Review: Meet Me in the Bathroom (2022 Sundance Film Festival)


Title: Meet Me in the Bathroom
MPAA Rating: Not Yet Rated
Director: Dylan Southern, Andrew Cross, Will Lovelace
Starring: The Strokes, Yeah Yeah Yeahs, The White Stripes
Runtime: 1 hr 45 mins

What It Is: In this documentary, we’re taken back to New York at the dawn of the 21st century. It is here, inconceivably where Rock n Roll is “saved”. As nu-metal acts navigate the entire terrain of turn of the century rock and metal it is these fuzzy guitars and scrap-like vocals that will see the genre to its next generation. Even if they really didn’t want to be. Based on the book by Lizzy Goodman.

What We Think: I think we need to start with the fact that the whole film is archival footage and interviews. Where the film is harmed is there is an inexplicable 2 minute period where we are given the video for the Yeah Yeah Yeahs song Maps. Why is this here? If I wanted to watch that I could quite literally do that whenever I want. For another point, it needs to be said that the film is a smidge disjointed and directionless. Granted the musicians and music played in the film are, in a word, excellent. That isn’t enough for me to grant this superficial documentary more than an average score at best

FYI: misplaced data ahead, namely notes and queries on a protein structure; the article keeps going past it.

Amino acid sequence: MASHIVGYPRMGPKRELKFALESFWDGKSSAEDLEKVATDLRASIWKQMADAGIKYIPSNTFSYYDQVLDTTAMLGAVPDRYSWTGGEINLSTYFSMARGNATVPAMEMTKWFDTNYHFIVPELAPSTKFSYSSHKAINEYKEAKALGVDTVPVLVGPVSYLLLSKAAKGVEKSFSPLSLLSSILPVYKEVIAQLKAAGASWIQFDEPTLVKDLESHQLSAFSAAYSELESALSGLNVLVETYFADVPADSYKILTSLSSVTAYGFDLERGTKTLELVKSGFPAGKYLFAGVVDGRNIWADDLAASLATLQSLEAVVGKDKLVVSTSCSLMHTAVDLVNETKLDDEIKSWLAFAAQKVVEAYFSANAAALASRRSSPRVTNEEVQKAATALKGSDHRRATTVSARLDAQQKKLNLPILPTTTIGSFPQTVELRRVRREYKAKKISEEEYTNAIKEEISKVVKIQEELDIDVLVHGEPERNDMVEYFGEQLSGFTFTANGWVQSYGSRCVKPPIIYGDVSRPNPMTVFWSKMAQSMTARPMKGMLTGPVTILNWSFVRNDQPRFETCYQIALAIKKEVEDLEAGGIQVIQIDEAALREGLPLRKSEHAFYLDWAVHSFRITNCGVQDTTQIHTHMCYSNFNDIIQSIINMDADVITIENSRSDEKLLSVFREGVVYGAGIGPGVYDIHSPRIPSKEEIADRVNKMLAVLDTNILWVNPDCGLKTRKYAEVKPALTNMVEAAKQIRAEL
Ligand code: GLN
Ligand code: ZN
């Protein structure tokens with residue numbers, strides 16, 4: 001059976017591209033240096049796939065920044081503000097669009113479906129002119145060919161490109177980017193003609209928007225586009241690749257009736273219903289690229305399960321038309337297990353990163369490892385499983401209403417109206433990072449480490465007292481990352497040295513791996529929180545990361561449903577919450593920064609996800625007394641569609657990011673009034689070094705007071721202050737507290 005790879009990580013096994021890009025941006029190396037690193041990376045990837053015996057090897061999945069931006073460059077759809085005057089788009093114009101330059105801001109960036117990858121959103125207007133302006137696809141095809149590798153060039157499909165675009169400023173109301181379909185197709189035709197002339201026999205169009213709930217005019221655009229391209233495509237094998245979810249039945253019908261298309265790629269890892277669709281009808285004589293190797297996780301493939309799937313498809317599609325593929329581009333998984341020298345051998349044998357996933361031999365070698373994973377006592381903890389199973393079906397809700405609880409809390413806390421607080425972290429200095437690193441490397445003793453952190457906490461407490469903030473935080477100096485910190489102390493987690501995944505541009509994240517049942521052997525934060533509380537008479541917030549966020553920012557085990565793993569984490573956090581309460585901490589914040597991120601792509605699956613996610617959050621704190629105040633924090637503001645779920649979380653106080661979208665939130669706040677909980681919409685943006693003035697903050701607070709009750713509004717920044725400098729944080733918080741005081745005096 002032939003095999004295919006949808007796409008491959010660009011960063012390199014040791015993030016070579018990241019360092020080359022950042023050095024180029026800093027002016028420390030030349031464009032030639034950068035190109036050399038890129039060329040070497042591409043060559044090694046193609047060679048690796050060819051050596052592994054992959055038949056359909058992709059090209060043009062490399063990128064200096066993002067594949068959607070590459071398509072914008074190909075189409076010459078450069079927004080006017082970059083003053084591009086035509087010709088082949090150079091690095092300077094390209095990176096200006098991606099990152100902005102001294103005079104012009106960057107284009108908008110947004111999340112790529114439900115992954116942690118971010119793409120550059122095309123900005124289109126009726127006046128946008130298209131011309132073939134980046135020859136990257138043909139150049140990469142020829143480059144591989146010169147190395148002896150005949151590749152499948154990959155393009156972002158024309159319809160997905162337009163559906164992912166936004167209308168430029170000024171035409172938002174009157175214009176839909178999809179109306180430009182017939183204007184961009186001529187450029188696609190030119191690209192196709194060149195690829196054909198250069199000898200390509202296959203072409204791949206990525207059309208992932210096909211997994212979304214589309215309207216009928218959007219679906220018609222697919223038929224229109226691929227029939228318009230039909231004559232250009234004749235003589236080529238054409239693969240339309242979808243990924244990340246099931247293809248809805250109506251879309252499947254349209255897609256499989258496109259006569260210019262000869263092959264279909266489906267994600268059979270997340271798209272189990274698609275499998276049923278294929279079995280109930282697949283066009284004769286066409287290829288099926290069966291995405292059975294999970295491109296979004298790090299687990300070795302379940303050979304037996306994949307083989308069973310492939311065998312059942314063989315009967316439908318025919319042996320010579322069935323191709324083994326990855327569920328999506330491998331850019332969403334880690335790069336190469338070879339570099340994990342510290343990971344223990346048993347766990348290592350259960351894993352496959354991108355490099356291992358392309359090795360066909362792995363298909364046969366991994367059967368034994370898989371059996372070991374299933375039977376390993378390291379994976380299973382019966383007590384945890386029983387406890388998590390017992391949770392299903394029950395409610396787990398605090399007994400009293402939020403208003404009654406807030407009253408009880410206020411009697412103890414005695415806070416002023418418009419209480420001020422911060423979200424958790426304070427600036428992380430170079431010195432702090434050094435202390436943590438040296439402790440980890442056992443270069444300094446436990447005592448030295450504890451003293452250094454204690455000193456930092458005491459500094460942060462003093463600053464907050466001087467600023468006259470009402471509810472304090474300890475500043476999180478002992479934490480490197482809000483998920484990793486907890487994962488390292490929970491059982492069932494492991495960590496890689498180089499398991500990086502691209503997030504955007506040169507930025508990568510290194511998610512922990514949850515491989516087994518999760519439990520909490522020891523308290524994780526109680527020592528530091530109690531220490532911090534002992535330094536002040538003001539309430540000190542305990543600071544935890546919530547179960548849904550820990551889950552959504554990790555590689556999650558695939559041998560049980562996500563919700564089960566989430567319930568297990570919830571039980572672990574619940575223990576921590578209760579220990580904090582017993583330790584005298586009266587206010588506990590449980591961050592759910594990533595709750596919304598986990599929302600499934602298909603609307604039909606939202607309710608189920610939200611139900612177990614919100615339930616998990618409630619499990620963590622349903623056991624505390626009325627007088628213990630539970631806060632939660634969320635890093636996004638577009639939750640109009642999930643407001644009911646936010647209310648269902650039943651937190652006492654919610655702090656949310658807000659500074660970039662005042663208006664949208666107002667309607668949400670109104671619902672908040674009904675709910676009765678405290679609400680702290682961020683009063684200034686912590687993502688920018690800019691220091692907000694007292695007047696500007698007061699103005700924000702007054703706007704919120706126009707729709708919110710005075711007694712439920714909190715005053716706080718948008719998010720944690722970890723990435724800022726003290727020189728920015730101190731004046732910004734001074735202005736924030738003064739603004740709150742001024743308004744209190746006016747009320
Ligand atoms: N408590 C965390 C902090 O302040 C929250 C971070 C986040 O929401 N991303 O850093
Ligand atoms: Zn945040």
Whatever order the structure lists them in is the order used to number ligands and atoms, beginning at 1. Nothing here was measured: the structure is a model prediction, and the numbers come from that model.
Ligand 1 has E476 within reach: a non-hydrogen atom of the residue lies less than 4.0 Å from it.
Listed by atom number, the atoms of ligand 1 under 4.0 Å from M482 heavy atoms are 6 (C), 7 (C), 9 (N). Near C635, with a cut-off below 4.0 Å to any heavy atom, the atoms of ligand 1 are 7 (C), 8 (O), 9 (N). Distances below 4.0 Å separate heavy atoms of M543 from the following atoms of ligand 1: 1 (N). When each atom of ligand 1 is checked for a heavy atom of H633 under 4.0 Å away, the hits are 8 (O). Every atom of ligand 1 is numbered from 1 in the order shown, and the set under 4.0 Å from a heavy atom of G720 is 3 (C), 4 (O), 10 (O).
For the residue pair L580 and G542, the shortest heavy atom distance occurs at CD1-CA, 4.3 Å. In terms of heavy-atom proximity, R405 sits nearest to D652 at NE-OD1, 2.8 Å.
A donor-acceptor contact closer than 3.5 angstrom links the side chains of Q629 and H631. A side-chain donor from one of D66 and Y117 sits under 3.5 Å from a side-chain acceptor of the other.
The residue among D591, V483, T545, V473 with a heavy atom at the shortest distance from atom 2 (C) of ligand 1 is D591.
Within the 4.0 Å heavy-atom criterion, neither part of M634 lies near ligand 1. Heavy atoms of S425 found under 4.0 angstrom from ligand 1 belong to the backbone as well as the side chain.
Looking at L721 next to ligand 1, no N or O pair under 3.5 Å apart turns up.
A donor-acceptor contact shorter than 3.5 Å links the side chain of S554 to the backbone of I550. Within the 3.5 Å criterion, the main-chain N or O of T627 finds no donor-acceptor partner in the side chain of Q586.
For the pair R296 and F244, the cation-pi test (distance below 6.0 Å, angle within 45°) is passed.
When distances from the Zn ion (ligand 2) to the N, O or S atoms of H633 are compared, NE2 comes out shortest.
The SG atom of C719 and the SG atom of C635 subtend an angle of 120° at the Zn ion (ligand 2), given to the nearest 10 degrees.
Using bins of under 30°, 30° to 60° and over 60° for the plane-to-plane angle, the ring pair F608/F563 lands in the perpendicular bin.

Our Grade: C-, This is one of the biggest disappointments of the entire festival for me. I was expecting the film to dig deep and explore the underbelly of the ’00s garage rock scene. Instead, we get a surface-level essay on the bands, who they are, and what they did. There’s a section on how 9/11 affected the city and subsequently the scene. It’s not enough to move the needle in any substantial way. This is sadly a skip. If you wanna watch the Yeah Yeah Yeahs Maps does do here. That’s four minutes of the runtime gone. The rest is filled with disappointment and questions. Most of those questions are why sadly.

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